Lynden Pindling International Airport, Nassau, The Bahamas
Many countries in the Caribbean trade on our natural resources - from beautiful beaches, blue skies and warm waters to oil. Fortunately, for those that trade on their beauty, according to the World Tourism Organization, the business volume of tourism equals or even surpasses that of oil exports, food products or automobiles. However, the value of this contribution depends on the quality and diversity of the product and there is an increasing amount of competition between destinations.
Collectively and as individual countries, our destination brands are based on tangible assets. Developing a sustainable strategy to attract tourists and investments, for that matter, means diversifying the brand with intangibles that are important to a global audience.
A holistic approach to destination branding requires a departure from the way in which most policy makers think and how they operate. If policy makers operated with the core principles of design thinking they would be empathetic to the needs of the end users, open to diverse ways of thinking and engagement within multi-disciplinary teams and there would be an ideation process to put ideas forward.
Building a sustainable destination brand requires understanding the integration of multiple sectors from tourism to finance and the shared needs of the people who represent the ability of those sectors to generate revenue. Whether a visitor or a company considering making an investment, the destinations that are the most attractive possess traditional features like modern infrastructure, safe environments and skilled labour. Increasingly emotional and social attributes can weigh heavily in the decision making process. Destinations that project authenticity and deliver with amenities including creative or cultural experiences like diverse restaurants, lectures, heritage sites, theatre, music and museums are in the best position for differentiation.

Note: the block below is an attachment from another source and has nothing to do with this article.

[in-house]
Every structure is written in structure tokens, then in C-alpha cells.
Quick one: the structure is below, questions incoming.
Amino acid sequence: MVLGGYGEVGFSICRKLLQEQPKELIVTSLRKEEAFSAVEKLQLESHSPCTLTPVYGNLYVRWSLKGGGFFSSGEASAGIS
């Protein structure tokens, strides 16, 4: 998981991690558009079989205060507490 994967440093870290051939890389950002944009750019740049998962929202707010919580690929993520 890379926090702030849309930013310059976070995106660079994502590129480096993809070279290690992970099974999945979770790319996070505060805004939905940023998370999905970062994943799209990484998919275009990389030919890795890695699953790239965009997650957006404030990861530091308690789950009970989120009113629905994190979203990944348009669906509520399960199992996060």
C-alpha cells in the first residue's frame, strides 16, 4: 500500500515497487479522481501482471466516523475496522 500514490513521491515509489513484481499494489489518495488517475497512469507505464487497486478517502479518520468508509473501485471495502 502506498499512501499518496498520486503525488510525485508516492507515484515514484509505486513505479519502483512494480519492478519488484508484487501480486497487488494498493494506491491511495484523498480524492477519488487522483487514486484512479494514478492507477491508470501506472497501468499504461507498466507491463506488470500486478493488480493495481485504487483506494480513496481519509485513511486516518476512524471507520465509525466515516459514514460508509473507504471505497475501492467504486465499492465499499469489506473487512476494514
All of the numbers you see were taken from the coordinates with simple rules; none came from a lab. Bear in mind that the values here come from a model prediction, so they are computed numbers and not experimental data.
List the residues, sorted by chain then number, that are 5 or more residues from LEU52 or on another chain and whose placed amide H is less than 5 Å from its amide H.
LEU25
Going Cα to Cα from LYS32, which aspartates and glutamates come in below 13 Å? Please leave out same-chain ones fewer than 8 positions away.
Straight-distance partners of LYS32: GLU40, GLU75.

Ironically, the type of amenities that a destination provides can build a positive perception that transfers to other areas of government. That is, it leverages a correlation between those amenities and transparency, a willingness to embrace new ideas and to build partnerships.